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| FOUND IN THE FLOOD
1) Hotel Coral Essex
<< 3) My Assassin >>
5) She Calls Home
6) Last American Cowboy
7) Daylight Bombings
9) With An Urgency
10) I Don't Keep With Liars Anymore
| I’ve been a fan of The Bled for a very long time—not as long as some, but I’ve been psyched in white-knuckled anticipation for Found in the Flood for months on end. Pass the Flask, the band’s previous release, has been one of my favorite albums ever since I first picked it up, and I was admittedly a bit apprehensive about Found in the Flood for several reasons. In a little over a year, The Bled have gone through a change in bassists, producers, and record labels, and I didn’t know if that would change their sound to the point of me not liking it at all, or me liking it more than ever.
It’s certainly not Pass the Flask, but I didn’t expect it to be and you shouldn’t either. While Pass the Flask was marked by throat-rupturing screams, free verse, and the most vicious-delicious breakdowns ever (case in point: “Red Wedding”), Found in the Flood has James doing more harshly-delivered singing—not that the screams are completely absent; The Bled without screams would be like a theatre without actors. It’s less free verse and more lines written to fit the rhythm of the music, resulting in a tighter, smoother sound. Mark Trombino produced this record. In the past, he’s worked with Motion City Soundtrack, The Starting Line, and Jimmy Eat World, but don’t expect Found in the Flood to sound anything like that. The change of producers (Saosin’s Beau Burchell produced Pass the Flask) helped the band’s sound explode in epic proportions.
“Hotel Coral Essex” is cast excellently as the “hey all, we’re The Bled and we’re as dark, intense, and amazing as ever” track. “GutterShark”—fast-paced and worthy of the most ardent invisible ninja fight—and my [current] favorite, “My Assassin”, serve as stunning support tracks to the album’s opener. The Bled have turned all their notches up past 11, so the crazy-twisted riffs and roaring basslines have been amplified to unbelievable extremes. The drums sharply punctuate each beat, as intense in the harder tracks as they are in “Antarctica”. There’s proof in the next track, “She Calls Home”, so fans of The Bled’s notorious double-bass assault can rejoice.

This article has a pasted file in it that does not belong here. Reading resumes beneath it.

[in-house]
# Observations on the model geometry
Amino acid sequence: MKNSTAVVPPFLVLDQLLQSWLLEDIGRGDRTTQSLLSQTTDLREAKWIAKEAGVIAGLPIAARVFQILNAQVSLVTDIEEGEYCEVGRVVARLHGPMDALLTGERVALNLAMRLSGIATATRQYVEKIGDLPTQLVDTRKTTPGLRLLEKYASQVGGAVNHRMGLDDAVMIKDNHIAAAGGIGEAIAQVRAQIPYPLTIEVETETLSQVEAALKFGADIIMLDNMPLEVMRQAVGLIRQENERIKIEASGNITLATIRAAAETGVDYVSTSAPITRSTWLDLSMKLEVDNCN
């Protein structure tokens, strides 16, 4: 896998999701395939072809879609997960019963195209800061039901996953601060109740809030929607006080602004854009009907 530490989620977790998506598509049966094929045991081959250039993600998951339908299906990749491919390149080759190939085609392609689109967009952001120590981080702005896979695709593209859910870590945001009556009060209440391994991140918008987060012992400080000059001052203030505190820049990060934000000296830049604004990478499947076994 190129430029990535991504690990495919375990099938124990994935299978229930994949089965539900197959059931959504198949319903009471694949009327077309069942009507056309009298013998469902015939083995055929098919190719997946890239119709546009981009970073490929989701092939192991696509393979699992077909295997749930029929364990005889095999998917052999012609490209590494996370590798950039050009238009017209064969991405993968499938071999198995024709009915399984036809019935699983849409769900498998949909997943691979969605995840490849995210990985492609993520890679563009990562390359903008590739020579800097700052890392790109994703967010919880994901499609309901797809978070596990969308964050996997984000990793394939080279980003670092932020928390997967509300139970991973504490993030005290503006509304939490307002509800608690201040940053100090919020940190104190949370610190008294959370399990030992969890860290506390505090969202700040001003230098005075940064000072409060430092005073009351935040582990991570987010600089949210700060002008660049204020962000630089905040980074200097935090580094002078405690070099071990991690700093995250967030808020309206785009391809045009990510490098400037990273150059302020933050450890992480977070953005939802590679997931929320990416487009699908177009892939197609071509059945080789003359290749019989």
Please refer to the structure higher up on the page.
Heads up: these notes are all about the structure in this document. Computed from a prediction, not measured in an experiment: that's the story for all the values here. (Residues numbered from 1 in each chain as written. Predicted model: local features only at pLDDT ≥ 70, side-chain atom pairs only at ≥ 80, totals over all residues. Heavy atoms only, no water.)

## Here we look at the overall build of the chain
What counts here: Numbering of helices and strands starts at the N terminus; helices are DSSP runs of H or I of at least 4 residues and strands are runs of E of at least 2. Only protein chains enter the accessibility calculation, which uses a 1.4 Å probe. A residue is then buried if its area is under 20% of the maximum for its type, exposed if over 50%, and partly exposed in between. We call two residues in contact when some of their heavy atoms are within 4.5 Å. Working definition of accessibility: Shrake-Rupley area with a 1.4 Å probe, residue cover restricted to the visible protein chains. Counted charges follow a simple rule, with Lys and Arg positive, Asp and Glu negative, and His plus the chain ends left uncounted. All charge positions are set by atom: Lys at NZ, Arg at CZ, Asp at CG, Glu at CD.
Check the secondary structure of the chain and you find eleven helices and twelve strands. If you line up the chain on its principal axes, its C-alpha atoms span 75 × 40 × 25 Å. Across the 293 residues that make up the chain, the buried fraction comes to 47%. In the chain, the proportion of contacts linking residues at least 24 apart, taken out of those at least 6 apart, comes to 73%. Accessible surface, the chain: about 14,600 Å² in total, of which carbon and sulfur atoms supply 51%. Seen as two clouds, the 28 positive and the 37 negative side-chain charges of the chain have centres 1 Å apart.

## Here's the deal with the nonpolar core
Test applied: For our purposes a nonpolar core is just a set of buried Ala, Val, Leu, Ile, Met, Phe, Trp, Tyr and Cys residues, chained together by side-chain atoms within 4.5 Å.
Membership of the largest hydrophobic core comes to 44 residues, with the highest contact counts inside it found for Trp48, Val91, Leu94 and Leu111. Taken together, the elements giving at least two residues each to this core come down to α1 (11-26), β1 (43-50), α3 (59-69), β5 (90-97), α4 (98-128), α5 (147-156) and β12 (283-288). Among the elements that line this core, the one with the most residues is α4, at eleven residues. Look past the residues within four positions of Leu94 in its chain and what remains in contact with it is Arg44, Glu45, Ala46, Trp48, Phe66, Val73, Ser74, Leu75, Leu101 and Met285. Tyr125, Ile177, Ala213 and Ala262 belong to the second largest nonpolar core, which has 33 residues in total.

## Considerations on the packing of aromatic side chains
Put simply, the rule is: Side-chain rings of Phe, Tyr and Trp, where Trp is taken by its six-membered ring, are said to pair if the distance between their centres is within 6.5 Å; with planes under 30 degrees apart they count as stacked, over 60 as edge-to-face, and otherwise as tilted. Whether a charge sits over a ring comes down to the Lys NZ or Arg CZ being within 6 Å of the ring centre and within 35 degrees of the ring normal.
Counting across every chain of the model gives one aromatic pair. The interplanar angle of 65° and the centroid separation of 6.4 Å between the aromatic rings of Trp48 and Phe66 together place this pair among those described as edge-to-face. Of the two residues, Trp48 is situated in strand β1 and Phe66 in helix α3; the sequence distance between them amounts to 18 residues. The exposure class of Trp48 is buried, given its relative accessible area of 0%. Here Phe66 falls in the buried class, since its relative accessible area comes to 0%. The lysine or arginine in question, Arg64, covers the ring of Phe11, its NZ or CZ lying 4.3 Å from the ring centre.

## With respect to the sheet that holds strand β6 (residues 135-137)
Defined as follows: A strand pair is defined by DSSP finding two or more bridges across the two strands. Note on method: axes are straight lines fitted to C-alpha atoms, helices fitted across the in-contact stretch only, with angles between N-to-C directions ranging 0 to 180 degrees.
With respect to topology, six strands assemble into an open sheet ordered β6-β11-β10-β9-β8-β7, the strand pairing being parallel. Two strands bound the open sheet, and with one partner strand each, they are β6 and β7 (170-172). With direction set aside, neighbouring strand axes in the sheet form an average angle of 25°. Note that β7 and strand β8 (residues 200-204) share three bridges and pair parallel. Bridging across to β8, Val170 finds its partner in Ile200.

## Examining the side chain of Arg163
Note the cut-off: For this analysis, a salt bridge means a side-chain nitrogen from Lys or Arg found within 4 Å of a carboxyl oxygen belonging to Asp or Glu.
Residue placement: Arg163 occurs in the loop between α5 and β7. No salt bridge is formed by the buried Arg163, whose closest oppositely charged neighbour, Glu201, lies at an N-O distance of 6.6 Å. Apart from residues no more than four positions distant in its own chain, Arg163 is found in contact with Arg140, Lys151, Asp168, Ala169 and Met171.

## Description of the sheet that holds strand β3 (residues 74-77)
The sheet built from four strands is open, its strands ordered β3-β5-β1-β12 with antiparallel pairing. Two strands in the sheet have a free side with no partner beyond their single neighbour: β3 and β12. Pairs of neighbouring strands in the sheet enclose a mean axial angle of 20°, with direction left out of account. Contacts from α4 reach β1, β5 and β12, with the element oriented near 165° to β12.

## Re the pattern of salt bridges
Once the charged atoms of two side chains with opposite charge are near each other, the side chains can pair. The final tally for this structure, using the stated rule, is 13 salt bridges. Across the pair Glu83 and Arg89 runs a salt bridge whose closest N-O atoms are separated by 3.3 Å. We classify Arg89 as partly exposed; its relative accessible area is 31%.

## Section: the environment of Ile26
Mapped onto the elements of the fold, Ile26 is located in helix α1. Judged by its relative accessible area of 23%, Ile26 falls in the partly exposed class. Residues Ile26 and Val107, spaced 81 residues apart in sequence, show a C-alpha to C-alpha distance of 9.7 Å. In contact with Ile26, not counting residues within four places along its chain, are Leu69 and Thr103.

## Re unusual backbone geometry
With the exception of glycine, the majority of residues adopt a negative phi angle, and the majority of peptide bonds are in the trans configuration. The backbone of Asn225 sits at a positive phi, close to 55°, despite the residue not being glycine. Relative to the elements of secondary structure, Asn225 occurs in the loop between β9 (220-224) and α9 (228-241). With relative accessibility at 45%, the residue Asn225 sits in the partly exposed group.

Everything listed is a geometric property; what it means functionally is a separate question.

I heard “Last American Cowboy” live at Warped Tour this summer. While I agree with most Bled fans that recordings don’t do live performances justice, this track is fierce like nobody’s business. It’s the best track to listen to if you’re craving more of James’ hybrid scream-singing, as well as a good minute reminiscent of the old record’s breakdowns. “Daylight Bombings”, a “Porcelain Hearts and Hammers for Teeth” for the new generation, eclipses earthquakes and hurricanes in its slow, deadly audible rendition of the Apocalypse. Not to be upstaged, the following track “Millionaires” is short and sweet (if you can apply “sweet” to something that sounds like you set Edgar Allen Poe on fire and stuck him in a blender). The aforementioned guitar riffs and basslines dominate “With An Urgency”, and it’s melodic to the point where it sounds like an uber-hardcore cover of an ‘80’s dance single. “I Don’t Keep With Liars Anymore” stellarly slaughters any preconceptions you might have had about what a perfect closing track might sound like.
The brutality is countless times more brutal… the softer parts are as soulwrenching as ever. The Bled have outdone themselves in ways I can’t even begin to describe, and any fan of this band would be out of their minds if they didn’t grab a copy of Found in the Flood on August 23rd.